Walter Cronkite was known as “The Most Trusted Man in America” when he was the anchor of CBS’s network news in the 1960s and ‘70s. His sign-off “and that’s the way it was” was recognizable to millions. Cronkite refused to allow his personal beliefs to affect his job of reporting accurate news. It was his integrity and commitment to fair reporting that made him the most trusted man in America.
For me, his most endearing quality was that he loved Maine and sailing around Penobscot Bay.
If there is such a thing as an unassuming 64-foot yacht, the two-masted vessel owned by Walter Cronkite was it. While some owners turn their boats into floating palaces, Cronkite’s Wyntje was the kind of boat on which you could spill your wine and not worry about being thrown overboard.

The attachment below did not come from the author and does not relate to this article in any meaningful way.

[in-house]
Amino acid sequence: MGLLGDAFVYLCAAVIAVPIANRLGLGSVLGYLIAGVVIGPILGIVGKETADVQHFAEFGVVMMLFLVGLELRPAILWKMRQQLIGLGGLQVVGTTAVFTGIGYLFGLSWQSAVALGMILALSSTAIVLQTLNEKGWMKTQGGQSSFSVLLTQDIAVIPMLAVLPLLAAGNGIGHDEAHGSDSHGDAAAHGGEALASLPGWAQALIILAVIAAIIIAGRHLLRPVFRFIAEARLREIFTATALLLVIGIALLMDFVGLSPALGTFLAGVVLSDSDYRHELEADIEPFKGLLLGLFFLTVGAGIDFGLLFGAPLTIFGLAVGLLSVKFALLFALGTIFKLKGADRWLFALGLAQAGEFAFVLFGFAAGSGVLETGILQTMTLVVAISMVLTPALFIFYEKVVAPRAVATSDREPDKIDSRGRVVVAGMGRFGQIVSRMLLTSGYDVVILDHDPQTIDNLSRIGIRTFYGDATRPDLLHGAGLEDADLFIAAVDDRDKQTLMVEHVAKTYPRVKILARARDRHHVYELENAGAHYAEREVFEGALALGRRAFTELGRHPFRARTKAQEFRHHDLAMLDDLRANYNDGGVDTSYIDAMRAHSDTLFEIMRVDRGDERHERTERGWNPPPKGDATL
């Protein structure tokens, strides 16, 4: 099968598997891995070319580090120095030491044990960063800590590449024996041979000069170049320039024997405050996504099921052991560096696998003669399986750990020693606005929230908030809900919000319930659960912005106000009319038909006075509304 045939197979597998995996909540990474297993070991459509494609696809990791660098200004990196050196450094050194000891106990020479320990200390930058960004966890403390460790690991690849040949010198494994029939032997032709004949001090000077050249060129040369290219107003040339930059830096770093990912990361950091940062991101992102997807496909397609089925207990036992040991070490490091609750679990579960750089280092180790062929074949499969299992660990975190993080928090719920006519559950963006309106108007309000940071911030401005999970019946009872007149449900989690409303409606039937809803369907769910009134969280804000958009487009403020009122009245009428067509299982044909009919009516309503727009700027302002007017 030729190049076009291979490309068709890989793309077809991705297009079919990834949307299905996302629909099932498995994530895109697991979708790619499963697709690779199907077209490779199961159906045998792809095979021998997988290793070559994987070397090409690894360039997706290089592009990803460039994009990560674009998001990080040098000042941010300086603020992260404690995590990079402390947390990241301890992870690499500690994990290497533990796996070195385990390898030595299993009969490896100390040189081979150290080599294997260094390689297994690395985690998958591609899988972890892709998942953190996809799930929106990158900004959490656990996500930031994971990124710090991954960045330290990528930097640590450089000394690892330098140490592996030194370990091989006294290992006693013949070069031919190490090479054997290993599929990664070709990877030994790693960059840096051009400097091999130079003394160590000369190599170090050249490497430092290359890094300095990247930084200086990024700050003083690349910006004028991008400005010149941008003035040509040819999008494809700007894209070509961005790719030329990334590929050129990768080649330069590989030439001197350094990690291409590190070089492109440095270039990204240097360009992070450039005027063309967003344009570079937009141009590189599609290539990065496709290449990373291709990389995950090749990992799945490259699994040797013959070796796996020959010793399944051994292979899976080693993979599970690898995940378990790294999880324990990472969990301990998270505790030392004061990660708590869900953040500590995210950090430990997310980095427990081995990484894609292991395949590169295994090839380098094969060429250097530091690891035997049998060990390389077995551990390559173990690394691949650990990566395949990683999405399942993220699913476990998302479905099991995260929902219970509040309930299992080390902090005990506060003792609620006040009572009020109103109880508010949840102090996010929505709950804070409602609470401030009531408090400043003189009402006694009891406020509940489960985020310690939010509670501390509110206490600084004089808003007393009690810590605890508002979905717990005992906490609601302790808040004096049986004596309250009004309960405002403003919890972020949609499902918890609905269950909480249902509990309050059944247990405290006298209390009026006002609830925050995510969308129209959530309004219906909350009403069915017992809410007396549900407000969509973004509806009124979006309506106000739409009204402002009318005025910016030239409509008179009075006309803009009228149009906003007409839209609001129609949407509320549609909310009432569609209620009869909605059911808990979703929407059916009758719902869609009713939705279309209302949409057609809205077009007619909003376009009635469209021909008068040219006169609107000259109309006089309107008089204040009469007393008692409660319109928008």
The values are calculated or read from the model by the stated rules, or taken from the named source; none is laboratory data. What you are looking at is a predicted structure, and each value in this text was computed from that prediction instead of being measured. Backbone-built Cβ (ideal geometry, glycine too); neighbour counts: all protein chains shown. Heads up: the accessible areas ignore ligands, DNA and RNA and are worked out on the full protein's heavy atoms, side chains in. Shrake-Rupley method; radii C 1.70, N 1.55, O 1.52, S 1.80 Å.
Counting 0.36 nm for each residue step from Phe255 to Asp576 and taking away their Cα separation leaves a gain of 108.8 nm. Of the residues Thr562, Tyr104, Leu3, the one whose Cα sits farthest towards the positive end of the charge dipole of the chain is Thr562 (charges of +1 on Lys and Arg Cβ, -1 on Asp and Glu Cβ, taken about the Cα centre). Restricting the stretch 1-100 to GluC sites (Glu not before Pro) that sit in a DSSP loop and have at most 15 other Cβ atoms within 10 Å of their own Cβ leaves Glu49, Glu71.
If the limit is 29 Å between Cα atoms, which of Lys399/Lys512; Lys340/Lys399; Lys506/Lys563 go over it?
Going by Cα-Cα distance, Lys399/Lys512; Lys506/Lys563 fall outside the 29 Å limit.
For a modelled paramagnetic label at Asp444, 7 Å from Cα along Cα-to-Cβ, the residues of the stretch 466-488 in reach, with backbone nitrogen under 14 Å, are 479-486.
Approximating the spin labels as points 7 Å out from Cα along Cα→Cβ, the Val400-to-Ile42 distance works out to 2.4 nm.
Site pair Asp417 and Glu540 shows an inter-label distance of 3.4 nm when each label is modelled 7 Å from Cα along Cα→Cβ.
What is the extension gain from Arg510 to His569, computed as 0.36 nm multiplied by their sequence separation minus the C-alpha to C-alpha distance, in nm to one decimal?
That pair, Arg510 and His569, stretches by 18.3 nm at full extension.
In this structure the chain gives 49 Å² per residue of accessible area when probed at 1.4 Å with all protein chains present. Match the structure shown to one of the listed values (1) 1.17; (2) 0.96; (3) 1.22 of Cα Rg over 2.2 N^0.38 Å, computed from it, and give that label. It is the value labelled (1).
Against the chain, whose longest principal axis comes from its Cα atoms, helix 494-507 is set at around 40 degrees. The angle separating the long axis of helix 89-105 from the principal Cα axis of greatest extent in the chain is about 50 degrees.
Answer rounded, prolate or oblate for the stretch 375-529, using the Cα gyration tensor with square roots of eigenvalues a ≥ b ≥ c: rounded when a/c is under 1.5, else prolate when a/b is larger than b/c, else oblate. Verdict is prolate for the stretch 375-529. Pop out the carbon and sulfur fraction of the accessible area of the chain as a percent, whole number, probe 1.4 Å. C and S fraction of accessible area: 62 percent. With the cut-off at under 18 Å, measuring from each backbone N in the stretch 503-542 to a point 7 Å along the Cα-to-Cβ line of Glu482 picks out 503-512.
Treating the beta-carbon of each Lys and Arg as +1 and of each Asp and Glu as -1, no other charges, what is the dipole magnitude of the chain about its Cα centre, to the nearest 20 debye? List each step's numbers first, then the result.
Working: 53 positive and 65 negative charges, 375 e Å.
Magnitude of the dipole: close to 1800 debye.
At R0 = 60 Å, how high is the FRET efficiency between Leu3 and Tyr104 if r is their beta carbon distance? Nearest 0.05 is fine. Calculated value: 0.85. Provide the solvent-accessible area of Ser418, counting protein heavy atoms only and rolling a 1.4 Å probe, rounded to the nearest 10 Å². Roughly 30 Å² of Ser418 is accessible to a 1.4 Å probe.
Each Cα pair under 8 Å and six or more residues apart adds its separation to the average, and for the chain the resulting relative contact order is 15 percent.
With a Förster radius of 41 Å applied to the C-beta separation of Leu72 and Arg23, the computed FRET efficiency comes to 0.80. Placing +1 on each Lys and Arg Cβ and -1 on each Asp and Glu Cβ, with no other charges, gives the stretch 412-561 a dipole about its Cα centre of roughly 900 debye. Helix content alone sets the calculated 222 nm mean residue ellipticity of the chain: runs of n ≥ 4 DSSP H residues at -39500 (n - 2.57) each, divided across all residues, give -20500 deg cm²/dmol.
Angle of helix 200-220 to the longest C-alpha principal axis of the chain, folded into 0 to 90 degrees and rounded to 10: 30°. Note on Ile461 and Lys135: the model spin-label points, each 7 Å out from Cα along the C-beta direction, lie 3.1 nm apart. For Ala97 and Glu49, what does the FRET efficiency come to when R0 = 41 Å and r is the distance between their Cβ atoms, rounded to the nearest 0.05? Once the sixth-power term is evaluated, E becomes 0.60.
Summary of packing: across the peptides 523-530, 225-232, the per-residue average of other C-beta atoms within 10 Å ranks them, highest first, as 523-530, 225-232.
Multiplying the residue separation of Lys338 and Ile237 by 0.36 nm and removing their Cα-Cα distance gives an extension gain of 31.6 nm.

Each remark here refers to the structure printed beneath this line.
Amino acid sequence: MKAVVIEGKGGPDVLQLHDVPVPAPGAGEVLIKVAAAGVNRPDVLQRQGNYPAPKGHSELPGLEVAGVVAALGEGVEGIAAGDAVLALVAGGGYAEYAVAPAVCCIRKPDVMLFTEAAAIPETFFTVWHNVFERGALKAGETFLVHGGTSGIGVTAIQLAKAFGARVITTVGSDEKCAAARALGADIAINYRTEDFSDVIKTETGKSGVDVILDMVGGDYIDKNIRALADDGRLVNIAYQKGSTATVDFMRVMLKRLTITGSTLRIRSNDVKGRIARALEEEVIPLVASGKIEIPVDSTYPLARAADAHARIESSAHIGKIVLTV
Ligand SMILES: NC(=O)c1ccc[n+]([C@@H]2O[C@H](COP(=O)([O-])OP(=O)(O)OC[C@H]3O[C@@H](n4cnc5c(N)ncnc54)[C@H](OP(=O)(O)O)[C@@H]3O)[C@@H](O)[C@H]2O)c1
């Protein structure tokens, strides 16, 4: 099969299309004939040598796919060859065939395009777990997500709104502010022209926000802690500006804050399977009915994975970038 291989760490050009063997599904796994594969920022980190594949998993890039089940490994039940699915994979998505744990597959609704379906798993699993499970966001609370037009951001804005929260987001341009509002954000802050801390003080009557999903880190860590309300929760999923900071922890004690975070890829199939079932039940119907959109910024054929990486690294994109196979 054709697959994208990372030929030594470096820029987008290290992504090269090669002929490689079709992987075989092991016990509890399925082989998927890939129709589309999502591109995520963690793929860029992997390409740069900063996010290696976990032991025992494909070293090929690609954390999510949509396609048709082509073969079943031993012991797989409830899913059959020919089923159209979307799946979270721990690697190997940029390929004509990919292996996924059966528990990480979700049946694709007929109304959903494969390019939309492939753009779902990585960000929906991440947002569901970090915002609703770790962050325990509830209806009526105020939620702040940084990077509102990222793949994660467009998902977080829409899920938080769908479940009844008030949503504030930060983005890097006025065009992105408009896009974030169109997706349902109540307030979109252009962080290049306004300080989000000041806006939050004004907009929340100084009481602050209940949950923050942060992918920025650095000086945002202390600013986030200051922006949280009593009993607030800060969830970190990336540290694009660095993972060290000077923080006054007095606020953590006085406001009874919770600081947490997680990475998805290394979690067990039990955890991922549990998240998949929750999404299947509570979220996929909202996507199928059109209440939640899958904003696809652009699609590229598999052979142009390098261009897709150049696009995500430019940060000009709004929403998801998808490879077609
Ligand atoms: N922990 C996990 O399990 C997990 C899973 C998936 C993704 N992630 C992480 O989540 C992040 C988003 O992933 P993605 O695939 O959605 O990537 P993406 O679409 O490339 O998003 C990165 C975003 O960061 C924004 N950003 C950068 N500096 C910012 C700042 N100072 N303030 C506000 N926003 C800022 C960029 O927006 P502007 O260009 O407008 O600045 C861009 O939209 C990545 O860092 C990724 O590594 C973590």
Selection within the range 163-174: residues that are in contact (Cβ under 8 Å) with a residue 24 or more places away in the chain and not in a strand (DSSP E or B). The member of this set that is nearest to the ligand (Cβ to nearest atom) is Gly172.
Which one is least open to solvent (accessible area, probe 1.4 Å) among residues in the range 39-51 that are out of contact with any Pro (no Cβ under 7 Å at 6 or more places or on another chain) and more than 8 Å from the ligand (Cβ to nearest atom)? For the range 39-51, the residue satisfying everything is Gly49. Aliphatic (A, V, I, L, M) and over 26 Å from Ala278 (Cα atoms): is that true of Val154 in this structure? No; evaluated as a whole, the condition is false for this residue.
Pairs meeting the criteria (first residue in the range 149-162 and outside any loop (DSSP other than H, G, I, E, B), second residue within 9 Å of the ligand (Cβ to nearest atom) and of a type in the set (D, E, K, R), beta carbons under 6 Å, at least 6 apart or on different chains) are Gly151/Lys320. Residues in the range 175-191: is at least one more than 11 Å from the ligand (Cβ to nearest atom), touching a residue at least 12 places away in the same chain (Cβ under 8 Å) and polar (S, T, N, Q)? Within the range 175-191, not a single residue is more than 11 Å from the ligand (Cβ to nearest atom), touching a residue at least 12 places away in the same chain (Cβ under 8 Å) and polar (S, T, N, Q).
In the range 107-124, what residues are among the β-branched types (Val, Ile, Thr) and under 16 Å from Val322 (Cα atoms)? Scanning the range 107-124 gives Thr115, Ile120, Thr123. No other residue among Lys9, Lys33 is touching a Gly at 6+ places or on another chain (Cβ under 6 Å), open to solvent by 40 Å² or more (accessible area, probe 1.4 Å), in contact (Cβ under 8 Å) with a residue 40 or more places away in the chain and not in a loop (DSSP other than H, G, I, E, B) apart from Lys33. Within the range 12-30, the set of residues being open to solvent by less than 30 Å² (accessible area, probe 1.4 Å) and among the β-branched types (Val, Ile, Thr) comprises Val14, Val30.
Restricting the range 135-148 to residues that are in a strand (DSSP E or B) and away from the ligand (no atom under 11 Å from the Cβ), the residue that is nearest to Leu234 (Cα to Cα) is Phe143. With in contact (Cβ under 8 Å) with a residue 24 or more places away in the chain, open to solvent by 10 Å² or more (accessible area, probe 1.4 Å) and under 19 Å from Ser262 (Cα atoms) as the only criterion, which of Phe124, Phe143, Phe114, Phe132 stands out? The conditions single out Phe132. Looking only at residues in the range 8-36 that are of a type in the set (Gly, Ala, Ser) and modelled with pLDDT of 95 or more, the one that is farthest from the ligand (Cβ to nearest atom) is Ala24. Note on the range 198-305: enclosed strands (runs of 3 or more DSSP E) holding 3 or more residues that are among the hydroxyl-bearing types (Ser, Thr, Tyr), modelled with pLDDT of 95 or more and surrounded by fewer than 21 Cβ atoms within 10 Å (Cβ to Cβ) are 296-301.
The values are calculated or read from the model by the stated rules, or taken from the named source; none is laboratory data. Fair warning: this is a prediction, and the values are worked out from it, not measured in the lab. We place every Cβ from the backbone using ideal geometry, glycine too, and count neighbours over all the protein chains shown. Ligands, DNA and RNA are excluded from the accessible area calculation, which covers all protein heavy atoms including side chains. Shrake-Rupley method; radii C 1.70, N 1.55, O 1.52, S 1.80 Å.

In 1989, the year of Vinalhaven’s centennial celebration, Cronkite was asked to grand marshal of the parad. With delight, he accepted our small town’s request.
The parade consisted of fire engines, floats, vintage cars, and most of all, the proud islands residents. The marching band was made up of musicians old and young, experienced and novice, but what they lacked in harmony they made up for with heart.
Many of my family members attended the celebration. Our large gaggle gathered in front of the Star of Hope building. Cronkite as grand marshall sat high on the horse-drawn steam-powered fire pump (used between 1900-1920).
Being that our town is so small we got to enjoy the parade twice as once going through it quickly makes a U-turn at the town’s gazebo, repeating it all.
As Cronkite came by on the parade’s first pass, all 50 of our friends and family around us, in unison, waved and cheered: “Hi, Walter!” Minutes later,
on his return leg, again in unison, we waved and with warmth cried out, “Bye Walter!”
With a huge smile, Cronkite laughed, slapped his thigh, and waved back his goodbye.
It’s the small things that make up life!